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Given that both Albus Dumbledore and Severus Snape could read minds, how did Remus Lupin conceal his knowledge of the fact that Sirius Black was an unregistered Animagus? This seems especially odd given Snape's stated suspicion of him.

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    Occlumency? Lupin was the teacher in Defence Against the Dark Arts after all – tobiasvl Mar 4 '17 at 5:59
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    Legilimency is considered a bit unethical, I think. If Dumbledore uses it on Lupin, it suggests he doesn’t trust Lupin‘s word that he’s not helping Sirius. If Snape uses it, he’s liable for the sack. – alexwlchan Mar 4 '17 at 9:47
  • @tobiasvl I thought of that too, but if Lupin knew occlumency, why didn't he teach Harry (rather than Snape)? – EJS Mar 4 '17 at 21:05
  • Because Lupin couldn't. He was basically in hiding from the Death Eaters, and he's a werewolf. He quit the job at Hogwarts. He wouldn't return just to tutor one student in secret, it doesn't make sense. Also, I think that Snape would be more proficient in Occlumency. – Mithrandir Mar 5 '17 at 13:21
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Dumbledore trusted Lupin. And Snape trusted Dumbledore.

As the following conversation shows, Snape suspected Lupin of helping Sirius but Dumbledore trusted him. Snape tried to persuade Dumbledore that Lupin presented a security risk but was loyal enough to Dumbledore not to interrogate Lupin himself.

“Have you any theory as to how he got in, Professor?” asked Snape.
Harry raised his head very slightly off his arms to free his other ear.
“Many, Severus, each of them as unlikely as the next.”
Harry opened his eyes a fraction and squinted up to where they stood; Dumbledore’s back was to him, but he could see Percy’s face, rapt with attention, and Snape’s profile, which looked angry.
“You remember the conversation we had, Headmaster, just before - ah - the start of term?” said Snape, who was barely opening his lips, as though trying to block Percy out of the conversation.
“I do, Severus,” said Dumbledore, and there was something like warning in his voice.
“It seems - almost impossible - that Black could have entered the school without inside help. I did express my concerns when you appointed-”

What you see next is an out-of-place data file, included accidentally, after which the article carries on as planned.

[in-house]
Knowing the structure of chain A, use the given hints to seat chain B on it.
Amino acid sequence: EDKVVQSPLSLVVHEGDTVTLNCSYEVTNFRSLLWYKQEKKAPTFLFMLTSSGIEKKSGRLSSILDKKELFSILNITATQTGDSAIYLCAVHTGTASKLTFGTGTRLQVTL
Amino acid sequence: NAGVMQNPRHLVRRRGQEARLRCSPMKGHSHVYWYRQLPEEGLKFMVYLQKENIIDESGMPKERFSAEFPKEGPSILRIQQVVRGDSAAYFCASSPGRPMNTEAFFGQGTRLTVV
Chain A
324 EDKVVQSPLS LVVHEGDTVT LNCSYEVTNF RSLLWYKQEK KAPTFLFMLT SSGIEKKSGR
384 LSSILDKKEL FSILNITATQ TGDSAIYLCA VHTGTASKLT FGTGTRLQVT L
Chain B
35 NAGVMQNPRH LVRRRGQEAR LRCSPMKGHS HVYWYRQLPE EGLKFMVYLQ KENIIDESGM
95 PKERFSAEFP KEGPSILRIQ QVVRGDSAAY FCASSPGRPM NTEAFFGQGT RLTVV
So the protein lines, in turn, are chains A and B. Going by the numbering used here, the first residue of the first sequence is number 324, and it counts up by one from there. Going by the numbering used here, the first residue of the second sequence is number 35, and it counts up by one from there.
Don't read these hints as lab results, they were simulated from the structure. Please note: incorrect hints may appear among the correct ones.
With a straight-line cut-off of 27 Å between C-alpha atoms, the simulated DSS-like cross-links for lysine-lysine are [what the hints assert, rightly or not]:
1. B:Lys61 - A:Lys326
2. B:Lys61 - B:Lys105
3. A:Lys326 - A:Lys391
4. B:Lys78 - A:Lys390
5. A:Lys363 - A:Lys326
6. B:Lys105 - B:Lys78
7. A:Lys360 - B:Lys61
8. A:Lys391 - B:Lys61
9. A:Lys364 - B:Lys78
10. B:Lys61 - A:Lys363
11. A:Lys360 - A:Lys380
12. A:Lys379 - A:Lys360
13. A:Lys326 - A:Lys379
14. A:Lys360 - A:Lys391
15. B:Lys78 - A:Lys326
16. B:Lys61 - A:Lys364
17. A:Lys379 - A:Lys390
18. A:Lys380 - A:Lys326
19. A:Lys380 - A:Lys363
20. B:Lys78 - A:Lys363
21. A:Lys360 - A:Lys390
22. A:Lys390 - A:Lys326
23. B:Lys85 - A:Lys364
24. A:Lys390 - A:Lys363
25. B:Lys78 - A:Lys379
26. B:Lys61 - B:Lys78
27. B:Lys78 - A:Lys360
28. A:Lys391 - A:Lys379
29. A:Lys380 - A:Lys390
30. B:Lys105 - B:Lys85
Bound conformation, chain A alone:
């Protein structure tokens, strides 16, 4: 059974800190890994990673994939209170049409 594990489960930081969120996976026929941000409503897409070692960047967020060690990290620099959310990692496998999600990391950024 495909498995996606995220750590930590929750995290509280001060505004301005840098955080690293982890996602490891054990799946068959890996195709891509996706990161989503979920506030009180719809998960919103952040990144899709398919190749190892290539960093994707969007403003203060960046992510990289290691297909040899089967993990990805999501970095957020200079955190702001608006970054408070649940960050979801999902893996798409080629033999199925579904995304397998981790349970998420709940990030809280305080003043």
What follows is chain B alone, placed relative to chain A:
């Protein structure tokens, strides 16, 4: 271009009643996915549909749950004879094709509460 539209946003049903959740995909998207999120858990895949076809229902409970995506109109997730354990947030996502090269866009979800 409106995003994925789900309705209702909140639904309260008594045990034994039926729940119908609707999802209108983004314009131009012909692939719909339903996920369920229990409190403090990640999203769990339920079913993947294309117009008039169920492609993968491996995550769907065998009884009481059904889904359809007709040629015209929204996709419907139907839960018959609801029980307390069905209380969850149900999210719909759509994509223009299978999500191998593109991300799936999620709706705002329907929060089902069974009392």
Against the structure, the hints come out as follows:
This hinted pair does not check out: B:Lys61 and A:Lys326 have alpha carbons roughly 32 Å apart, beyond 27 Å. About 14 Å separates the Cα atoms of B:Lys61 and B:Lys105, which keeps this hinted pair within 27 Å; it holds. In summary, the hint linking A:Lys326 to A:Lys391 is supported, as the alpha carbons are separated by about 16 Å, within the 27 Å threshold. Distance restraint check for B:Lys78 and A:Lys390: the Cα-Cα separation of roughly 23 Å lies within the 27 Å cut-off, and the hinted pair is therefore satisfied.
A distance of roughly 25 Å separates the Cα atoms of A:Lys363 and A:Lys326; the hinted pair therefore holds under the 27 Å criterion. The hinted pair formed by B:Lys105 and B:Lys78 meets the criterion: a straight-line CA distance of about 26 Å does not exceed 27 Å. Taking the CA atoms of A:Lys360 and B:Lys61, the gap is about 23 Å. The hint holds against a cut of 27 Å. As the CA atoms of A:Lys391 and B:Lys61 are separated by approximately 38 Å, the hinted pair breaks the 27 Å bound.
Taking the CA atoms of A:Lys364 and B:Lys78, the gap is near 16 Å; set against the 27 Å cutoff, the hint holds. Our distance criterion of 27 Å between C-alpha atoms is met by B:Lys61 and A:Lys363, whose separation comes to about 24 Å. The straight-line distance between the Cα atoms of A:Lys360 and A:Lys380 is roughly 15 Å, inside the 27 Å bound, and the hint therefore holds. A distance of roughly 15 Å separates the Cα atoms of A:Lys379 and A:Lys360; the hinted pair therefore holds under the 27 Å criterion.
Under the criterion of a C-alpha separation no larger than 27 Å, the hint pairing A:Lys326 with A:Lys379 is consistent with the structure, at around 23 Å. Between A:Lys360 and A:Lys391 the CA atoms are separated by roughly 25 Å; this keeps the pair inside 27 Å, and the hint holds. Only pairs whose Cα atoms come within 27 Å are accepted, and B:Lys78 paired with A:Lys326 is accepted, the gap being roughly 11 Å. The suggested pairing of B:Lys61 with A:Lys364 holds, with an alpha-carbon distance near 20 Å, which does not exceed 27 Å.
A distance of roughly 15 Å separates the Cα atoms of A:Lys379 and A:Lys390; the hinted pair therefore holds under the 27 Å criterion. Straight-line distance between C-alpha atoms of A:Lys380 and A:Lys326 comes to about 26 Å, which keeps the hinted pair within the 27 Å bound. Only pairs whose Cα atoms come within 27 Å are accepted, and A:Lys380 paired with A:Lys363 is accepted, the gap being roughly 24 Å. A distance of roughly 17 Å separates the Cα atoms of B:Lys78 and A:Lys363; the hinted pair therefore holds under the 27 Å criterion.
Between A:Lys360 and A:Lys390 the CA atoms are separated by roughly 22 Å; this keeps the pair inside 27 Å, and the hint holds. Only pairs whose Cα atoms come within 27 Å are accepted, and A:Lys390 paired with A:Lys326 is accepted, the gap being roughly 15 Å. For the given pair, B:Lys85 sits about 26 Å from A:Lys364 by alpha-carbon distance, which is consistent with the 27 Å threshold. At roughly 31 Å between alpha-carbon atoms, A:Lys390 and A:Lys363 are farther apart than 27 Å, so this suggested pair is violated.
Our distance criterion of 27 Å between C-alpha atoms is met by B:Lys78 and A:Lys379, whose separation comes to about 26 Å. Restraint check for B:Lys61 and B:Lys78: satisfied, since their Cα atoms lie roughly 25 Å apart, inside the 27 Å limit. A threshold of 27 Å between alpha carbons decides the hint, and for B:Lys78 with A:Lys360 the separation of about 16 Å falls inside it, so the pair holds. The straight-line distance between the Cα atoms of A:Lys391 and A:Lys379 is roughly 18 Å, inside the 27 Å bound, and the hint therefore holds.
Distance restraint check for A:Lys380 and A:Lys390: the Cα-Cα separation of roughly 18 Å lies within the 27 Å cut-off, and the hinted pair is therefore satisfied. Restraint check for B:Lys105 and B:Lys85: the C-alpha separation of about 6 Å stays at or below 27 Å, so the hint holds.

“I do not believe a single person inside this castle would have helped Black enter it,” said Dumbledore, and his tone made it so clear that the subject was closed that Snape didn’t reply.
(Prisoner of Azkaban, Chapter 9, Grim Defeat).

Legilimency is considered a highly invasive and none-too-subtle form of magic. You can tell when you're being Legilimens-ed. Voldemort did it to his followers all the time; it was normal practice and they couldn't really do anything to protest.

"Saturday...at nightfall," repeated Voldemort. His red eyes fastened upon Snape's black ones with such intensity that some of the watchers turned away, apparently fearful that they themselves would be scorched by the ferocity of the gaze. Snape, however, looked calmly back into Voldemort's face and, after a moment or two, Voldemort's lipless mouth curved into something like a smile.
(Deathly Hallows, Chapter 1, The Dark Lord Ascending).

Dumbledore is somewhat more considerate towards his own followers/staff. Lupin was not only a valued member of staff but an old friend that Dumbledore had known as a student and as a member of the original Order of the Phoenix. Invading his mind and reading his thoughts would've been a betrayal of trust. Lupin would've been offended and the relationship would've been difficult to salvage, even if Dumbledore gained some useful information. Regardless, as the quotation above shows, Dumbledore didn't suspect Lupin so wouldn't have been inclined to use Legilimency anyway.

  • Good points. Dumbledore does appear to have read Harry's mind on several occasions, though. There was at least one point where he'd been in trouble and Dumbledore knew without asking that he was innocent. I can't remember the exact passage, though. I am curious - were the circumstances different enough there to merit it? – EJS Mar 4 '17 at 16:02
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    @EJS - I suspect that when Dumbledore appears to read Harry's mind there is foreshadowing of Legilimency but actually it's a case of wise old educator reading the teenager's mind without using magic. – ThruGog Mar 5 '17 at 0:12

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